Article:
# What is wrong with this calculation of work done by an agent bringing a unit mass from infinity into a gravitational field? [duplicate]

Let us assume that a gravitational field is created by a mass $$M$$. An agent is bringing a unit mass from $$\infty$$ to distance $$r < \infty$$, both measured from mass $$M$$.

The agent is always forcing the unit mass with a continuously changing force $$\vec F(\vec x)$$, $$\vec{x}$$ being the distance pointing radially out from $$M$$.

According to classical mechanics, it holds that $$\vec F(\vec x) = \frac{GM}{x^2}\hat{x}$$, with $$G$$ being the gravitational constant.

The work is calculated as follows: $$W = \int_\infty^r\vec F(\vec x)\cdot d\vec x$$ $$=\int_\infty^r{{F(x)}\,dx\cdot cos(\pi)}$$ $$=-\int_\infty^r{{\frac{GM}{x^2}}dx}$$ $$=-GM[-\frac{1}{x}]_\infty^r$$ $$=GM[\frac{1}{x}]_\infty^r$$ $$=GM[\frac{1}{r}-\frac{1}{\infty}]$$ $$=\frac{GM}{r}$$

The body moved against the force's direction (the angle between them was always $$\pi$$). So the work should have been negative. But since $$r$$ is the scalar distance from $$M$$, it is positive like $$G$$ or $$M$$, yielding the result always positive.

What is wrong here?

The agent is always forcing the unit mass with a continuously changing Force, $$\vec{F}$$(x) ... = $$\frac{GM}{x^2}\hat{x}$$

By your force definition, the agent is not the attractive gravitational force but is something which is restricting the motion to constant velocity because the mass M is pulling in the $$-\hat{x}$$ direction with a force equal in magnitude to the gravity but opposite in direction. That's okay, but I wanted to state that explicitly. Also, you are calculating only the work done by that agent.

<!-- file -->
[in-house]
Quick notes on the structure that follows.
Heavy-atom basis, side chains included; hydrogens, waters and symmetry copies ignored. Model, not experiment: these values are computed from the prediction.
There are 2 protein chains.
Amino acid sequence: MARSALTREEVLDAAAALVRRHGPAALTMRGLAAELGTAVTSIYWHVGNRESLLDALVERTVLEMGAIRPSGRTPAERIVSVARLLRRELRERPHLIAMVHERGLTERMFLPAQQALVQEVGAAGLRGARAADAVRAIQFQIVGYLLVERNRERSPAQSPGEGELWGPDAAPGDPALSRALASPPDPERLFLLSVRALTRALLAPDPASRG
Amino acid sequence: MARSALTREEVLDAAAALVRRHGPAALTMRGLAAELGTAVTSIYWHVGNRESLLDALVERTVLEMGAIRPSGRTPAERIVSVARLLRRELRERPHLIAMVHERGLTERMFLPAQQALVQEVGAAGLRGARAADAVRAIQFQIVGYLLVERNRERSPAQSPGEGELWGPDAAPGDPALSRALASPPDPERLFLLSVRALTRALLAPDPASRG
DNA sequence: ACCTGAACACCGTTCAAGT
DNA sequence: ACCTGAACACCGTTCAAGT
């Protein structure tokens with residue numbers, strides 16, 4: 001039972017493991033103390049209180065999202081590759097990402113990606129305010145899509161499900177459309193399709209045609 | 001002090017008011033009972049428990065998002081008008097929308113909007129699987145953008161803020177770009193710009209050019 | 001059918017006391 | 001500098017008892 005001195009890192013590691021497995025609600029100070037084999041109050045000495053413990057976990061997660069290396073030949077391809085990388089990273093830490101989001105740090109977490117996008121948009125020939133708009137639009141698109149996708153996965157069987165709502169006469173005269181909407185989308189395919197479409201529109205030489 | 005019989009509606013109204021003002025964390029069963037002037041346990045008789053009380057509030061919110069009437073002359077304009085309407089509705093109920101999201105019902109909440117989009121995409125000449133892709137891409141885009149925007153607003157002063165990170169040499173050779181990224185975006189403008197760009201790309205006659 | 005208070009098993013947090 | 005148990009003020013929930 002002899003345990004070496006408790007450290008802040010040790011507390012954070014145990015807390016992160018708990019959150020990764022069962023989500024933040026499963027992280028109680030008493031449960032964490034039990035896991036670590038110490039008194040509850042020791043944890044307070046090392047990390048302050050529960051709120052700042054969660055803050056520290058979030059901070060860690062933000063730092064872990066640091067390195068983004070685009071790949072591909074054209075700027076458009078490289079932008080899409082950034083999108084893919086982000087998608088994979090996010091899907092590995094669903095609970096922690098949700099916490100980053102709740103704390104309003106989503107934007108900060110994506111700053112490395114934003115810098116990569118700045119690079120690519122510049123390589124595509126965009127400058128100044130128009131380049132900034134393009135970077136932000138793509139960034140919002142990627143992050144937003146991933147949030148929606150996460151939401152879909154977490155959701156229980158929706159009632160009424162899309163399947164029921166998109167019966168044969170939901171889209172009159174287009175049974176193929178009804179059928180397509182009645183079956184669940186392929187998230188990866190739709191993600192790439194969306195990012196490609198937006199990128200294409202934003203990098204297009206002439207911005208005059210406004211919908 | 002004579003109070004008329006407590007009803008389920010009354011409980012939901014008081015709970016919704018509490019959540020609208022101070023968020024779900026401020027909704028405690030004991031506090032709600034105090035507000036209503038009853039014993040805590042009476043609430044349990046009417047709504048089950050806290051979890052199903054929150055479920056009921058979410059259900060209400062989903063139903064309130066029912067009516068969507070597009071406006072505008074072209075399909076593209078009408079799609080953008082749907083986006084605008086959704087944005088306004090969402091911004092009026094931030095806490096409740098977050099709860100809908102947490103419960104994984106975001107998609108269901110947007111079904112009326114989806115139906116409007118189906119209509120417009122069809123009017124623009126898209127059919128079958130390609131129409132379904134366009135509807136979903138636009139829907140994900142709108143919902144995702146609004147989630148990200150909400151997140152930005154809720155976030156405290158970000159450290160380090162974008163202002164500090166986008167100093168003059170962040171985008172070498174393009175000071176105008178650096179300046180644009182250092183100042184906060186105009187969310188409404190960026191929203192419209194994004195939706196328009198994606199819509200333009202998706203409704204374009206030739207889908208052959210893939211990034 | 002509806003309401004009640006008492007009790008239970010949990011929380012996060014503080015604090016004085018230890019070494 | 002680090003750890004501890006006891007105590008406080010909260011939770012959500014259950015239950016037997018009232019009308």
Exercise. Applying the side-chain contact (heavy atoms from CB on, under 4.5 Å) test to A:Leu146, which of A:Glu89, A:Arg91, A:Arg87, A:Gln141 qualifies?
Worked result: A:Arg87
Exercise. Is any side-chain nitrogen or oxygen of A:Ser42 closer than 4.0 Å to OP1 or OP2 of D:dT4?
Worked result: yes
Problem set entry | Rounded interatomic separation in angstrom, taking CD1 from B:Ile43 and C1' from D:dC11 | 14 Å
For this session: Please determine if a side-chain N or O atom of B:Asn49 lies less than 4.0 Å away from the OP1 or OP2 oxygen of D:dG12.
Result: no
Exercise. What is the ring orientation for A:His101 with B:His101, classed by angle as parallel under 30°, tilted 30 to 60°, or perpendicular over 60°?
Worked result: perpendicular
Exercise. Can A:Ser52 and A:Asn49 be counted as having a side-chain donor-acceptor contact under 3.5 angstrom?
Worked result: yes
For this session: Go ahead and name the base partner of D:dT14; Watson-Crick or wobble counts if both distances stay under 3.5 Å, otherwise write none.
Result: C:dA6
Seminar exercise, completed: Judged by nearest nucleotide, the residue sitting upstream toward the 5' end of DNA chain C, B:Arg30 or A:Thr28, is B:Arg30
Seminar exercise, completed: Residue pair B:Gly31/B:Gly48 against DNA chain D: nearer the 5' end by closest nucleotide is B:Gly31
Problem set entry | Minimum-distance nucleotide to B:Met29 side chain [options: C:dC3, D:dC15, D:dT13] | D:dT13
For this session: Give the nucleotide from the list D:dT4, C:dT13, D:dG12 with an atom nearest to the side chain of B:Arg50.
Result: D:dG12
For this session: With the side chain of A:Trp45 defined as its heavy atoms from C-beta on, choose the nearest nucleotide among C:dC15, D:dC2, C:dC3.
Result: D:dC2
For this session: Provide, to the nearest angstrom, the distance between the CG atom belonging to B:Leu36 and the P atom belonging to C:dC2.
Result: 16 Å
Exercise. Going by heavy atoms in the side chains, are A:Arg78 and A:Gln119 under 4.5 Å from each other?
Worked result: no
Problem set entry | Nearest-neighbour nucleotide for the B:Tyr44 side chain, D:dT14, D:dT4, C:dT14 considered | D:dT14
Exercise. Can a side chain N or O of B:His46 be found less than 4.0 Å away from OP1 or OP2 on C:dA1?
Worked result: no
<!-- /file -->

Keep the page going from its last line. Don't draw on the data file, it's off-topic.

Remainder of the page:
You also have defined the positive direction to be away from $$M$$, and that's okay, too.

Your work integral calculates the work done by the force of the agent which is holding the mass back from accelerating toward $$M$$. Notice that, with your symbols, $$W = \int_{\infty}^r \frac{GM}{x^2}\hat{x}\cdot dx(\hat{x})= \int_{\infty}^r \frac{GM}{x^2}~ dx.$$

The $$\cos \pi$$ fator you have is incorrect. The infinitesimal $$dx\hat{x}$$ in an integral defines the direction of the positive coordinate change, not the direction of the motion. The direction of motion is contained in the integration limits.

The result of the integral (for a unit mass being moved) is $$W = \left.\frac{-GM}{x}\right|_{\infty}^r= \frac{-GM}{r}.$$

The negative value makes sense because the agent is restraining the motion and acting in the positive $$x$$ direction while the motion is in the negative $$x$$ direction. And because the object is moving at constant velocity, the work done by the gravitational field will be the negative of the above so that the net work is zero, in agreement with the work-energy principle: $$\Delta K = W_{net}$$

• Yes, assuming constant velocity, I agree and I think this is a great answer. But - why constant velocity? Maybe I'm not familiar with agents. Apr 29 '20 at 19:02
• I like to give the calc 1 analogy that if we are integrating $f(x)$ from $x=5$ to $x=3$ we do not do $$\int_5^3f(x)\,(-\text dx)$$ we just do $$\int_5^3f(x)\,\text dx$$ The sign (direction) of $\text dx$ is already determined by the limits. Apr 29 '20 at 19:36